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Medicine273 articles archived since 1845

Blood Cells Remember Your Mountain Vacation

Red blood cells retain a memory of high-altitude exposure, allowing for faster acclimation next time. But that memory fades within four months. Christopher Intagliata reports. 

11 hours ago — Christopher Intagliata

A New Model for Defeating Cancer: CAR T Cells

Some advanced cancers can now be successfully treated by synthetic immune cells that are more powerful and longer-lasting than any found in the body

February 23, 2017 — Avery D. Posey, Carl H. June and Bruce L. Levine

Do Heartburn Medications Really Cause Dementia?

Recently we talked about the two-way connection between the brain and the small and large intestines (aka the gut). This week, Savvy Psychologist Dr. Ellen Hendriksen continues our journey through the gut by investigating the link between heartburn drugs and dementia

February 4, 2017 — Savvy Psychologist Ellen Hendriksen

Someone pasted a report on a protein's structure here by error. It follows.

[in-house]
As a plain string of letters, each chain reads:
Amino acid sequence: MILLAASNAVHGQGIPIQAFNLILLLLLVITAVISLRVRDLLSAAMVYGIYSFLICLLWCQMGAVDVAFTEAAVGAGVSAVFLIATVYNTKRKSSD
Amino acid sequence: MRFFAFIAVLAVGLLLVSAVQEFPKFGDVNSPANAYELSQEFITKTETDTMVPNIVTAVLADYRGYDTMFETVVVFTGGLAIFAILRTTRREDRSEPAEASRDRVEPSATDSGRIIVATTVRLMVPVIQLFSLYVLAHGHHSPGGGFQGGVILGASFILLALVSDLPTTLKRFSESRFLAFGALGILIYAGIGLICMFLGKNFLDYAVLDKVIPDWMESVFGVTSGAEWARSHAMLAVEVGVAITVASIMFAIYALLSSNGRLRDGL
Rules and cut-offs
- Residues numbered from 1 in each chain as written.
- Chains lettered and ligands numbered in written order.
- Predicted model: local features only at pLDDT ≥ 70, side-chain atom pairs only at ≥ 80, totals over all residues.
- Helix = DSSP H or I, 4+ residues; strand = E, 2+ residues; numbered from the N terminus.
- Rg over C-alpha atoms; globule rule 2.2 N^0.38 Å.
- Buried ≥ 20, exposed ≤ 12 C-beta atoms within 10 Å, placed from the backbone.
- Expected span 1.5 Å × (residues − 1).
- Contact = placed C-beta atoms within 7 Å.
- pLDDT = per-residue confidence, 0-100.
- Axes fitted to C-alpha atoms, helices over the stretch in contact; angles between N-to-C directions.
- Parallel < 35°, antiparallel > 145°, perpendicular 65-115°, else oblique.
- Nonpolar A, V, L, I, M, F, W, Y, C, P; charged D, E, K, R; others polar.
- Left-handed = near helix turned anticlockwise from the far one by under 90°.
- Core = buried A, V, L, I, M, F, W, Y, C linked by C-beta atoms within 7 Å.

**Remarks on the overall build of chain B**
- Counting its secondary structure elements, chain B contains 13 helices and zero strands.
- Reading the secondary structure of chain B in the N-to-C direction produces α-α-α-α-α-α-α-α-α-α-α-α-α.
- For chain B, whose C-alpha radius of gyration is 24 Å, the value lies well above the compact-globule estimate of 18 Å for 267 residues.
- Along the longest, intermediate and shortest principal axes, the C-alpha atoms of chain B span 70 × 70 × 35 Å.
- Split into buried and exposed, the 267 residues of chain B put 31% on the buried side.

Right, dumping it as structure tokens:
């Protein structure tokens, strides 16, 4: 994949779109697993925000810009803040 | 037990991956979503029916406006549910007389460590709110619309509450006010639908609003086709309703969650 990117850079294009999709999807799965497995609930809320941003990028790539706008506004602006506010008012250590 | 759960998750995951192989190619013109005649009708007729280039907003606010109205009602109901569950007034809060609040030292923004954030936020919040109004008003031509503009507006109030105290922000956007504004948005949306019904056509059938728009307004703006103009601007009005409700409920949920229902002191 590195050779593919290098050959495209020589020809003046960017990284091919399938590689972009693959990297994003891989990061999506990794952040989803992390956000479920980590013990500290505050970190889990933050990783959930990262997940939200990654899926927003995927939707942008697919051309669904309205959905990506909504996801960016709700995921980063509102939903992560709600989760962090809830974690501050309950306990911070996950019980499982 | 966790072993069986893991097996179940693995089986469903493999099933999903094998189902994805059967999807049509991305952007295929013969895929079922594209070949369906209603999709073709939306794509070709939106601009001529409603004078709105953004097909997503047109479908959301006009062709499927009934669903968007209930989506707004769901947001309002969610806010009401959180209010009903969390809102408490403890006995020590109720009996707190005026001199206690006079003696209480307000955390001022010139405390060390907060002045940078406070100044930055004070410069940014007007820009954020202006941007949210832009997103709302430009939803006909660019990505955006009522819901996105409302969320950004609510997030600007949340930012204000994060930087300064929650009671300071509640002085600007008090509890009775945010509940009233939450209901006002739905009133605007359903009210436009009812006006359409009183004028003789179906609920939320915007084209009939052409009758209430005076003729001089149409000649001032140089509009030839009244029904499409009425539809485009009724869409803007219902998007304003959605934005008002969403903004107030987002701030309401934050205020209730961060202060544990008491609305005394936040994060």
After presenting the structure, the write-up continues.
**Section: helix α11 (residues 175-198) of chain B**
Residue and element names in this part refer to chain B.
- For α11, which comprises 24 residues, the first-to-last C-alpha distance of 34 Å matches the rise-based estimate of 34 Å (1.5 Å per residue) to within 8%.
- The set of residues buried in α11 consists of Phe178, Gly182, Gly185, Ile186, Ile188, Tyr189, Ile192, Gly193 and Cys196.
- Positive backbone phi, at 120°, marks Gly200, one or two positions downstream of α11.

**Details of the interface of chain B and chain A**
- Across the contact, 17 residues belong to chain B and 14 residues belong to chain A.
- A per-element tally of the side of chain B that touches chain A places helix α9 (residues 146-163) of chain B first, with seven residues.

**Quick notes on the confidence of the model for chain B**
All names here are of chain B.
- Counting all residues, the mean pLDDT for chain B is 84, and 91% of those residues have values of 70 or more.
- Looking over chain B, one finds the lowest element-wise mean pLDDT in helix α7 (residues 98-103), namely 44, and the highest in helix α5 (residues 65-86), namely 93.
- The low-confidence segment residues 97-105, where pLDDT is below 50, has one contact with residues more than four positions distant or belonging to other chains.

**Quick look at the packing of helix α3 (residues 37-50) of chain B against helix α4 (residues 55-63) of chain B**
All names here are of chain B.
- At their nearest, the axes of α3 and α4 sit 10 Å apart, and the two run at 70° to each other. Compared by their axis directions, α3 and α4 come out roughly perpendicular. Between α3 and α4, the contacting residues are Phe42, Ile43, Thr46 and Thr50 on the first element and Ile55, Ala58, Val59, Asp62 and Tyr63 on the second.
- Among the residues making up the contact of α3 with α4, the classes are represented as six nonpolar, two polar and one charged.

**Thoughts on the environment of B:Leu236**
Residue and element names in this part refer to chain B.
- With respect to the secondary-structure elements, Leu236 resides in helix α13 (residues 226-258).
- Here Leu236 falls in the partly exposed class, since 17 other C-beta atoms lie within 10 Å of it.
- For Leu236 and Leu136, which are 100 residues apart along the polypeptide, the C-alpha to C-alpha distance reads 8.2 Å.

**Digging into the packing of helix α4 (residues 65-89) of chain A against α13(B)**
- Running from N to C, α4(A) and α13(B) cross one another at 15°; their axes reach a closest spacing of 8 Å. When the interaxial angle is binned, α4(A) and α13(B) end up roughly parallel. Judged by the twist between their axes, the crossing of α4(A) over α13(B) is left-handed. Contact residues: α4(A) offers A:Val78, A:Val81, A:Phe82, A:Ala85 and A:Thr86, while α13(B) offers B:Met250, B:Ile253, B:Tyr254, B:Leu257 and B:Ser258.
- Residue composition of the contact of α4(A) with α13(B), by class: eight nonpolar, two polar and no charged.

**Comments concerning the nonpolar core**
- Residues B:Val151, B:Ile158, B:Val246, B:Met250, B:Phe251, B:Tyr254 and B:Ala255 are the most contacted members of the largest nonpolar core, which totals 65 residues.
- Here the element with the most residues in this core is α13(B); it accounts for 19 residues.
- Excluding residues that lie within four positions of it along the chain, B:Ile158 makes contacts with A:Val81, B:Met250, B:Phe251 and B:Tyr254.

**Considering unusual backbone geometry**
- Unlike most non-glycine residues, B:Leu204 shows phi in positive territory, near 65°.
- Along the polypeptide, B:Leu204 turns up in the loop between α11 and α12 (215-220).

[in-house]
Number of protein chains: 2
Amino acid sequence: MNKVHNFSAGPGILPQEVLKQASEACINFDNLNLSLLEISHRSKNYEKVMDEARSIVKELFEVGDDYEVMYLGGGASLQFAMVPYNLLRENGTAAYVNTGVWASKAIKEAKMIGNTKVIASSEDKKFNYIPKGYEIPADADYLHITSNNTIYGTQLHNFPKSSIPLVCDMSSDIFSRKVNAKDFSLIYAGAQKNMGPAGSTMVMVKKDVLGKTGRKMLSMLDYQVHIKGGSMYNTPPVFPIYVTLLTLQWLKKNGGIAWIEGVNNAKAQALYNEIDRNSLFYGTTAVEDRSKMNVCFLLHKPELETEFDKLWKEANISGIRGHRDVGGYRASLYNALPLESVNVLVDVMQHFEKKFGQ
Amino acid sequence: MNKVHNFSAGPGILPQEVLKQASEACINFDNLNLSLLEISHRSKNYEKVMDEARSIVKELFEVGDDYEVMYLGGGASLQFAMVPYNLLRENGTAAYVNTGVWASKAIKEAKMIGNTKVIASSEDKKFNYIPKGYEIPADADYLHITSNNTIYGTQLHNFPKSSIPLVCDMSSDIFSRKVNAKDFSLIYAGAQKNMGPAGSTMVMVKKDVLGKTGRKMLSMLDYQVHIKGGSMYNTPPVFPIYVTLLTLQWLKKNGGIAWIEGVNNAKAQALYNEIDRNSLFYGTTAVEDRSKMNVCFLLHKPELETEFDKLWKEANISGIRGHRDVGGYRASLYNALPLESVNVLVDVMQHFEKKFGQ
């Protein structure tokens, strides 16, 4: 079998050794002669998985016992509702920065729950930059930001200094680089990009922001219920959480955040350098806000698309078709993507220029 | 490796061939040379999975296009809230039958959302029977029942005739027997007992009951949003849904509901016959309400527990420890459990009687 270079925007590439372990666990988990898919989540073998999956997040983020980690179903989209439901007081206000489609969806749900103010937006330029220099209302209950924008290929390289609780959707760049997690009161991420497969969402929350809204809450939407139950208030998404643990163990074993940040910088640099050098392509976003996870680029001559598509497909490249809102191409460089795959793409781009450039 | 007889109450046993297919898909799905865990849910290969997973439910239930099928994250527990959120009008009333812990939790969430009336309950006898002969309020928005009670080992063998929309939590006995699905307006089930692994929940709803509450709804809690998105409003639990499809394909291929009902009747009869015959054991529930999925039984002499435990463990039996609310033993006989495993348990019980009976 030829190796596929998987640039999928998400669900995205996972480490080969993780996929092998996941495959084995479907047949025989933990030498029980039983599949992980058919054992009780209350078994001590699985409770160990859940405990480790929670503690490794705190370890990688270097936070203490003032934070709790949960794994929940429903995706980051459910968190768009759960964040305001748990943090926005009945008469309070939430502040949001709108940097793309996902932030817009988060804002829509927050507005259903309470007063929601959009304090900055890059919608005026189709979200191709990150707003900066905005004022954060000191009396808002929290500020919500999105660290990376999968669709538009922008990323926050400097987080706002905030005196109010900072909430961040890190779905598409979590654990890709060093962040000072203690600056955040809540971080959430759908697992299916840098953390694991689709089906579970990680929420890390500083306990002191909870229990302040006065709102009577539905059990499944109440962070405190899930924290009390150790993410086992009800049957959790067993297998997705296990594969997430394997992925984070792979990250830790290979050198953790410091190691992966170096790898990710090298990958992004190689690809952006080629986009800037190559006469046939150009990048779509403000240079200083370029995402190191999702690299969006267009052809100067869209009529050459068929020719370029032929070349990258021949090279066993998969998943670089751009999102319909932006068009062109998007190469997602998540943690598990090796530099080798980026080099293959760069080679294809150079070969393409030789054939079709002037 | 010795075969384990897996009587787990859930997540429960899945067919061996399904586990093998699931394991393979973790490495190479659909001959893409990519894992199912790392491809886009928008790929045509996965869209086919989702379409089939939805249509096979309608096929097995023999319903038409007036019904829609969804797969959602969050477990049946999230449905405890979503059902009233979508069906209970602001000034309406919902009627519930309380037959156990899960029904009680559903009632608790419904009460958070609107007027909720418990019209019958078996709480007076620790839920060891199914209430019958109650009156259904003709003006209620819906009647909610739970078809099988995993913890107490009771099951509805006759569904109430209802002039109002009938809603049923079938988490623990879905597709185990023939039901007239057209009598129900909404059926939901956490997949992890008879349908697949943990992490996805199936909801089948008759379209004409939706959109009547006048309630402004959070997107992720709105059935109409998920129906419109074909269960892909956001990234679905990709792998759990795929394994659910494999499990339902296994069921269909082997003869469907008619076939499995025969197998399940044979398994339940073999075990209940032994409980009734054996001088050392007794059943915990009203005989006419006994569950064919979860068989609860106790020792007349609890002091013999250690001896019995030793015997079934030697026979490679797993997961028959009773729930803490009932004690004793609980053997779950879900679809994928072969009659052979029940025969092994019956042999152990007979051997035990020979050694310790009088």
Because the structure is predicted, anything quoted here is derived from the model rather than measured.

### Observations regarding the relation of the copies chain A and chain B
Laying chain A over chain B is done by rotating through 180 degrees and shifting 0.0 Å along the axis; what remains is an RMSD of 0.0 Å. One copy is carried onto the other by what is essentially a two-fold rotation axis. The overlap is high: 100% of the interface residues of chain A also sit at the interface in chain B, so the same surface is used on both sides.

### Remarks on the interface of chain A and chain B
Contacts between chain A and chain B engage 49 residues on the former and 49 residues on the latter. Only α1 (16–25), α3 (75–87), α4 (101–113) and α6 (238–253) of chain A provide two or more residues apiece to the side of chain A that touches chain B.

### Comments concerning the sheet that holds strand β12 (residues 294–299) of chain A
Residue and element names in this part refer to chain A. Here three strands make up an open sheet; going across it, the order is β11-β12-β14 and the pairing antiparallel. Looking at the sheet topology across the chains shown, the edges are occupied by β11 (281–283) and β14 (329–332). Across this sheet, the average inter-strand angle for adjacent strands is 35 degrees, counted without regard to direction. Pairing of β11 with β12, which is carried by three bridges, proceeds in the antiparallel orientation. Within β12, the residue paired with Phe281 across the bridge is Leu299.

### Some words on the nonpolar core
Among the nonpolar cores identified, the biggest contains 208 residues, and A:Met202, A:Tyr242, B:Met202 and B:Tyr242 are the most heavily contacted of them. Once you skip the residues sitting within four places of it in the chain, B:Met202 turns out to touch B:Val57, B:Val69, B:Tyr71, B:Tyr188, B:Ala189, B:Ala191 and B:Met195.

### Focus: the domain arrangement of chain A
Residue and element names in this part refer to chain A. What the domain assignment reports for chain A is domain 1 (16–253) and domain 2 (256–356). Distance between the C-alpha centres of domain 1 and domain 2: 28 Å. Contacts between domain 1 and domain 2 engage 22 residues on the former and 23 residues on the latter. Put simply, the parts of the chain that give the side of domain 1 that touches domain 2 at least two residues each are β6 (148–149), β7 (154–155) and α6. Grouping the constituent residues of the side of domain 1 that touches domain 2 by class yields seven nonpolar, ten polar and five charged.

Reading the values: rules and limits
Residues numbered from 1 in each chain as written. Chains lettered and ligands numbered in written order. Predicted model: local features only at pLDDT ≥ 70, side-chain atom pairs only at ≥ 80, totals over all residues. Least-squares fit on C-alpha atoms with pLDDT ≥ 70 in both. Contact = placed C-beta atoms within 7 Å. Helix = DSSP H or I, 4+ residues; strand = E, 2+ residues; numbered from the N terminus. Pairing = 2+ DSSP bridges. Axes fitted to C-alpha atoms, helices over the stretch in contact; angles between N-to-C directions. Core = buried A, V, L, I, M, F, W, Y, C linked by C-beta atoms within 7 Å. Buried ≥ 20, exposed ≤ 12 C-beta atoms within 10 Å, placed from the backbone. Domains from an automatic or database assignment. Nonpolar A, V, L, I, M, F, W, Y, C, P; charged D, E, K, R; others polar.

Rapid-Response Vaccines for Epidemic Outbreaks

Trevor Mundel, president of global health at the Gates Foundation, talks to Scientific American editor-in-chief Mariette DiChristina about the Coalition for Epidemic Preparedness Innovations (CEPI) and the efforts to create vaccine platforms for rapid responses to epidemics. 

January 30, 2017 — Mariette DiChristina and Steve Mirsky

LSD's Long, Strange Trip Explained

When LSD binds to serotonin receptors, it pulls a "lid" closed behind it, locking it in place for hours, and explaining its long-lasting effects. Christopher Intagliata reports. 

January 26, 2017 — Christopher Intagliata

Exit Interview: Presidential Science Advisor John Holdren

Scientific American executive editor Fred Guterl talks with Pres. Obama’s science advisor, John Holdren, about climate science, space travel, the issue of reproducibility in science, the brain initiative and more. 

January 19, 2017 — Fred Guterl and Steve Mirsky